RFID receives a lot of publicity for its ability to streamline hospital operations and increase patient care. Many hospitals are saving millions each year by deploying asset tracking solutions to track critical equipment like heart monitors, hospital beds and IV pumps.
Yet, not much is made of the technology’s ability to improve safety for hospital workers. Beaumont Health System in Royal Oak, Mich., has deployed an RFID solution to improve caregiver and staff safety in inpatient units and at its Emergency Center. The hospital, which has 1,738 beds and 14,000 employees, has rolled out Ekahau’s RFID messaging solution to reduce response times to staff duress incidents involving nurses, physicians, interns and techs.
“In Emergency Departments, it’s unfortunately commonplace for a caregiver to be kicked, punched, slapped, pushed or tackled,” says Terry Kowalenko, M.D., Chair of Emergency Medicine at Beaumont Health System. “While many hospitals tend to keep quiet about violence in the ED and other areas of the hospital, openly addressing this issue is critical to the safety of millions of health care workers.”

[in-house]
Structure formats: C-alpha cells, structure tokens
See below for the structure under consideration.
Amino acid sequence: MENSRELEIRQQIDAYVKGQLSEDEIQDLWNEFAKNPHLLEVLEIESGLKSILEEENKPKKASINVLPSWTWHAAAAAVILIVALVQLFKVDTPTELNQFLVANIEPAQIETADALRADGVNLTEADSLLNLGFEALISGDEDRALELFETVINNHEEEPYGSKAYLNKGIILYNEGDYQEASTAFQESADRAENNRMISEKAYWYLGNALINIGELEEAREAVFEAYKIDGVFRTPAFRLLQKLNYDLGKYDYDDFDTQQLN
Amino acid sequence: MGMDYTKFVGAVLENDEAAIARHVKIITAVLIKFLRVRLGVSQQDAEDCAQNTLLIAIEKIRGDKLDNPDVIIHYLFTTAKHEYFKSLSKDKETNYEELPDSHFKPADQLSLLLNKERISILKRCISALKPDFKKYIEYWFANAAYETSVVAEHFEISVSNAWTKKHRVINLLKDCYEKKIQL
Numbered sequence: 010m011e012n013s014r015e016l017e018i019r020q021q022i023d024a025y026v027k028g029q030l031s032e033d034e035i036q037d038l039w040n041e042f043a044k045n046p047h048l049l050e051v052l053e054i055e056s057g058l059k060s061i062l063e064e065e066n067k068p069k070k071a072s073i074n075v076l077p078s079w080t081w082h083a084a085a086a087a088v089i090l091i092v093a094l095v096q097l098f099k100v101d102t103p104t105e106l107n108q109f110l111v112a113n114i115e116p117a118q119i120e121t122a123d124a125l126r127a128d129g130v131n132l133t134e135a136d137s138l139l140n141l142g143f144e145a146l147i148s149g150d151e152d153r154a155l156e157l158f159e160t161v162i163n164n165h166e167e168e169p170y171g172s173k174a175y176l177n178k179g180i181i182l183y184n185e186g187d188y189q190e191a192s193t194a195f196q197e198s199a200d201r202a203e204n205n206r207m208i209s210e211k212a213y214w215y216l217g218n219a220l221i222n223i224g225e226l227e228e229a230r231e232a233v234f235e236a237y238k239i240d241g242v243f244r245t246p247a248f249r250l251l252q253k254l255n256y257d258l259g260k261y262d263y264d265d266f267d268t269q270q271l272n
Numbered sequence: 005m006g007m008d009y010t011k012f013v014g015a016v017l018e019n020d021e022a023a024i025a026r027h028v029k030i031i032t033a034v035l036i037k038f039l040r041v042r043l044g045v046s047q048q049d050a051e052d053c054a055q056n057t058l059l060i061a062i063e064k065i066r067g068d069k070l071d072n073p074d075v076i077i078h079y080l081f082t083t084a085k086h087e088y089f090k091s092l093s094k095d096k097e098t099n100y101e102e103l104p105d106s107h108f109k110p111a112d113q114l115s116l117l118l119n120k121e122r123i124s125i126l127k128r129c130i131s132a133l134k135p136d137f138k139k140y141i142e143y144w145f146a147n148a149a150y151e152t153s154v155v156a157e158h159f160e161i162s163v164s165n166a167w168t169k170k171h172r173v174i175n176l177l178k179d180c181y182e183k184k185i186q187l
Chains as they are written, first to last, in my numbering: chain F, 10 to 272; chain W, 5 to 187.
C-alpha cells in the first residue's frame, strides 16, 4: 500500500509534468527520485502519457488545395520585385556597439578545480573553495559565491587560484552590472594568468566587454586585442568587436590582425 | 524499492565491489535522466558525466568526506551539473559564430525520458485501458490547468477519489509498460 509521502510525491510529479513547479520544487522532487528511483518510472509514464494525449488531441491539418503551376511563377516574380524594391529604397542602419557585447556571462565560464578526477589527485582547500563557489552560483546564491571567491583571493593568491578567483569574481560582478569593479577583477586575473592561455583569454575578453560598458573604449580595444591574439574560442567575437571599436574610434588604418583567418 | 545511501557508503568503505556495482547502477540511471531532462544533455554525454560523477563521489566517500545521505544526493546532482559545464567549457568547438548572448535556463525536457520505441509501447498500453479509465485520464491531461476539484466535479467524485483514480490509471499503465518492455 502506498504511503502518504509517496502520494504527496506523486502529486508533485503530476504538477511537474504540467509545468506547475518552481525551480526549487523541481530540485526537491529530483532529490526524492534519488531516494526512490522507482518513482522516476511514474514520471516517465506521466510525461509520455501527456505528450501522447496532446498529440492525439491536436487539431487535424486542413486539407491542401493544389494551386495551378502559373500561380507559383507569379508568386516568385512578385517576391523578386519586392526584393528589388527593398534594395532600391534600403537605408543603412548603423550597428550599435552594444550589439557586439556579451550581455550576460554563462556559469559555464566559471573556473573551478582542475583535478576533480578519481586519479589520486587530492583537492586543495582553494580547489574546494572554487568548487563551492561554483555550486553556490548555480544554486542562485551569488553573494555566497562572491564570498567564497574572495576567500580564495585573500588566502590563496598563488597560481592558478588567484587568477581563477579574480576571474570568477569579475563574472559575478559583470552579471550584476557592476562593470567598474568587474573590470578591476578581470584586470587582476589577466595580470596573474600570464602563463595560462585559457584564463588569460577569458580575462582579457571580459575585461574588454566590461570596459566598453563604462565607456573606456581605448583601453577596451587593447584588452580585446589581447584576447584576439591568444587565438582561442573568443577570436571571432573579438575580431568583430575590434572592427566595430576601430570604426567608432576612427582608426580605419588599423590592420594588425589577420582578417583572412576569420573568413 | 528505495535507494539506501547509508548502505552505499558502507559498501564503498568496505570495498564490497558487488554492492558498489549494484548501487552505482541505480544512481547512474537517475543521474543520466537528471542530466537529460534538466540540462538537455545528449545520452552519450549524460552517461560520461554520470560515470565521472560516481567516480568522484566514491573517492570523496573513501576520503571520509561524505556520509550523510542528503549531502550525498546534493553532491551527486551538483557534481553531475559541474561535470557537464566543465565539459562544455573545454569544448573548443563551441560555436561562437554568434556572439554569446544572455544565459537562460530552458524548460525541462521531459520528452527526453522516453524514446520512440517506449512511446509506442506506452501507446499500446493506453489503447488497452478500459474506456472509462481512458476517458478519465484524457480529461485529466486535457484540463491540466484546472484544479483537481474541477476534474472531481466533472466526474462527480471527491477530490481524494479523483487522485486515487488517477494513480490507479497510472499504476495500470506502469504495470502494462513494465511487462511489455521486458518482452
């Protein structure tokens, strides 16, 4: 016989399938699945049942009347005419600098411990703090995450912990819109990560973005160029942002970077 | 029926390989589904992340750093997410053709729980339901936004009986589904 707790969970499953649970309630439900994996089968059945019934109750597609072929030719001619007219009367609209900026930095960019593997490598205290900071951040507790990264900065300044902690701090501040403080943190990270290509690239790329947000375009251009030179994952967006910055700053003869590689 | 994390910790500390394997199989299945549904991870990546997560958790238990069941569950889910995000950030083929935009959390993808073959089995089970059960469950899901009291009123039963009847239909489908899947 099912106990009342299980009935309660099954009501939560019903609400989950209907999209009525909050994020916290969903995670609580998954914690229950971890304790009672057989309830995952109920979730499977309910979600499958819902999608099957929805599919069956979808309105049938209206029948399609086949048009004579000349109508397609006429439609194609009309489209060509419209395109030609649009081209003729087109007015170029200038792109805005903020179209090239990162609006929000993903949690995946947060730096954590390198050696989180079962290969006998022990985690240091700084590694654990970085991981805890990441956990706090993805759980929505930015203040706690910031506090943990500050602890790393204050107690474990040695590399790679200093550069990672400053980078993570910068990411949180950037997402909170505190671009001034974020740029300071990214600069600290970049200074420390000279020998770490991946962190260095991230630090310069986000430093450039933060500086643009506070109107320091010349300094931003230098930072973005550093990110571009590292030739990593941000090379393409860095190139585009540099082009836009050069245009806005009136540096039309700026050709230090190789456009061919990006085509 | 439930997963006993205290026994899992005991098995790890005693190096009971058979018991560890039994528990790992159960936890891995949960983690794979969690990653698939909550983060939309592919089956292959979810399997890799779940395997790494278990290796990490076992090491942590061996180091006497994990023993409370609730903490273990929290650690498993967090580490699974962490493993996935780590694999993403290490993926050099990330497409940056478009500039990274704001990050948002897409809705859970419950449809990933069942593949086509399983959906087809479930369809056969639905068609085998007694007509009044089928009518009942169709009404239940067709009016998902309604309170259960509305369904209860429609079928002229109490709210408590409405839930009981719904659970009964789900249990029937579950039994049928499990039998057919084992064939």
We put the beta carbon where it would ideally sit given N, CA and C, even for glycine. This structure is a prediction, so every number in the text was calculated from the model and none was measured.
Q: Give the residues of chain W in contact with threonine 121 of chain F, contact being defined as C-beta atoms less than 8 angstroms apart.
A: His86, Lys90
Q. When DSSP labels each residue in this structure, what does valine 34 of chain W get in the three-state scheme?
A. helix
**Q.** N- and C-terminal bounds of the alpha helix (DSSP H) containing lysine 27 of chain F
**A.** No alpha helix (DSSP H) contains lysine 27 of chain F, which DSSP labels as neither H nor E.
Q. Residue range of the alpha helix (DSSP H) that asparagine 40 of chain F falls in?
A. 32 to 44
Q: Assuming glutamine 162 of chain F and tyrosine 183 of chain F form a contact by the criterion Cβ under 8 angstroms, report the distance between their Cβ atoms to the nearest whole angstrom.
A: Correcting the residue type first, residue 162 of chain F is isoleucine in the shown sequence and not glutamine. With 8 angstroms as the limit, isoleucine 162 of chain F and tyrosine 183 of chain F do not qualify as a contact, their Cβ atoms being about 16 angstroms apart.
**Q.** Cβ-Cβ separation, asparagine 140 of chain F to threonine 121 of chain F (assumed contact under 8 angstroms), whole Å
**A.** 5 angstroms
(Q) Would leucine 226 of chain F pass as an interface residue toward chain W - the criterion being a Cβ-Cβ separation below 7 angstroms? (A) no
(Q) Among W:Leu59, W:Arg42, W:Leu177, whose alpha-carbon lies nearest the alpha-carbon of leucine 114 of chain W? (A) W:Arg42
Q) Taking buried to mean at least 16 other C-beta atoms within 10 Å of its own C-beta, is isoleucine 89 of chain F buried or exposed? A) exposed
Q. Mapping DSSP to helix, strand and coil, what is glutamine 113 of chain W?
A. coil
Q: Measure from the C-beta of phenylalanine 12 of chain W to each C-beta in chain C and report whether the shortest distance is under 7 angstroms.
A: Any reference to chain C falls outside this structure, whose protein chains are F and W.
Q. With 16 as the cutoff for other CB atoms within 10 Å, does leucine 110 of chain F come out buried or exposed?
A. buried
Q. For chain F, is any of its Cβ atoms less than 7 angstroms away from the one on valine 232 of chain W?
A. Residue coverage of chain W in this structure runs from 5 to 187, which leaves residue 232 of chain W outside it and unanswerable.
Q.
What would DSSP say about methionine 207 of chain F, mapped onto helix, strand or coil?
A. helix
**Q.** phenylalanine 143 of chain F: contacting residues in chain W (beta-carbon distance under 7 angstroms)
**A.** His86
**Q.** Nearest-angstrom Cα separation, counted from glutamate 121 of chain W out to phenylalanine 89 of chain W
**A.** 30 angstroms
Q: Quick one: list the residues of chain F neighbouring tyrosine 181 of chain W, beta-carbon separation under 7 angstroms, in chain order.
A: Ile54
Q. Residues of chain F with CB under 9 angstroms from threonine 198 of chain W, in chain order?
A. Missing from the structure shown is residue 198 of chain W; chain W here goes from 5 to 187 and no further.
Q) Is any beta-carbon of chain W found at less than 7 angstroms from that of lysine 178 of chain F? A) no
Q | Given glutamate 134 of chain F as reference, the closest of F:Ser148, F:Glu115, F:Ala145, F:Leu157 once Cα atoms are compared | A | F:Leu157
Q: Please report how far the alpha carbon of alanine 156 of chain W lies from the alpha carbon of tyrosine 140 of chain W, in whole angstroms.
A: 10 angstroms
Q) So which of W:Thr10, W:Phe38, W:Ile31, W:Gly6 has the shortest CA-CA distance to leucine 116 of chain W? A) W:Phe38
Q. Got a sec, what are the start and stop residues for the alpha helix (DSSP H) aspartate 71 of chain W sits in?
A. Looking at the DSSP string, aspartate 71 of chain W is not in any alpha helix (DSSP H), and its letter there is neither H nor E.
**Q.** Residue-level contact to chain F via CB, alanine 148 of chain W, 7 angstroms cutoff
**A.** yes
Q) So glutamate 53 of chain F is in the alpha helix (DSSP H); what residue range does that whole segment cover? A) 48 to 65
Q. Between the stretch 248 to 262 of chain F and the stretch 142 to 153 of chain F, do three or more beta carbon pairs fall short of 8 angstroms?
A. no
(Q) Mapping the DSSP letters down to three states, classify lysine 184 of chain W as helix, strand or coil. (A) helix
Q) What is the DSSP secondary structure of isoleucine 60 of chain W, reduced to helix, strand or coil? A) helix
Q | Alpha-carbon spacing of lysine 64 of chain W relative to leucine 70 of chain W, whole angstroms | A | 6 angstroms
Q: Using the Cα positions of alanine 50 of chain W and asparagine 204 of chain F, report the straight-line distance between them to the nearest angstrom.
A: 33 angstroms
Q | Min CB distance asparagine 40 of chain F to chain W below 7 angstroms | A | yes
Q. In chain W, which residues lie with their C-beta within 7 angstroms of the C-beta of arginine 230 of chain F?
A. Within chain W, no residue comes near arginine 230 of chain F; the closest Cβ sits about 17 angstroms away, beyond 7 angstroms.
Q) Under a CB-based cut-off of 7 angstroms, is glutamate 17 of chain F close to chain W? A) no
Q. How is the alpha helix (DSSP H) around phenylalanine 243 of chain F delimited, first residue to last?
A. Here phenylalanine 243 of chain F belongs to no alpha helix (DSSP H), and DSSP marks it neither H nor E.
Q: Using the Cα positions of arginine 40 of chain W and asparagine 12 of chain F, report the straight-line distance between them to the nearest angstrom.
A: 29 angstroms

Beaumont Health System employees who feel threatened during an event simply pull down on their badge’s panic switch and their location appears on badges worn by other employees near the incident. Ekahau’s wearable RFID badges offer proximity-based messaging via text, and operate over the existing WLAN, eliminating the need for manual panic button presses, dialing and map look-ups.
Security teams can also view the real-time locations of all badge-holders on web-based hospital floor plans and they can view post-emergency play-backs of staff movements.
Last year Kowalenko and several other researchers conducted a ground-breaking survey of 213 emergency department workers which revealing that 827 employees had reported violent events and 226 had experienced assaults. Published in the American Journal of Emergency Medicine, the study also revealed that victims filed safety reports only 42 percent of the time and reported incidents to police 5 percent of the time.
“Our research showed that workplace violence can result in productivity losses and high job stress that impacts an individual’s ability to think on the job. However, employers have options. By implementing a variety of security measures, hospitals can keep caregivers safe,” says Dr. Kowalenko.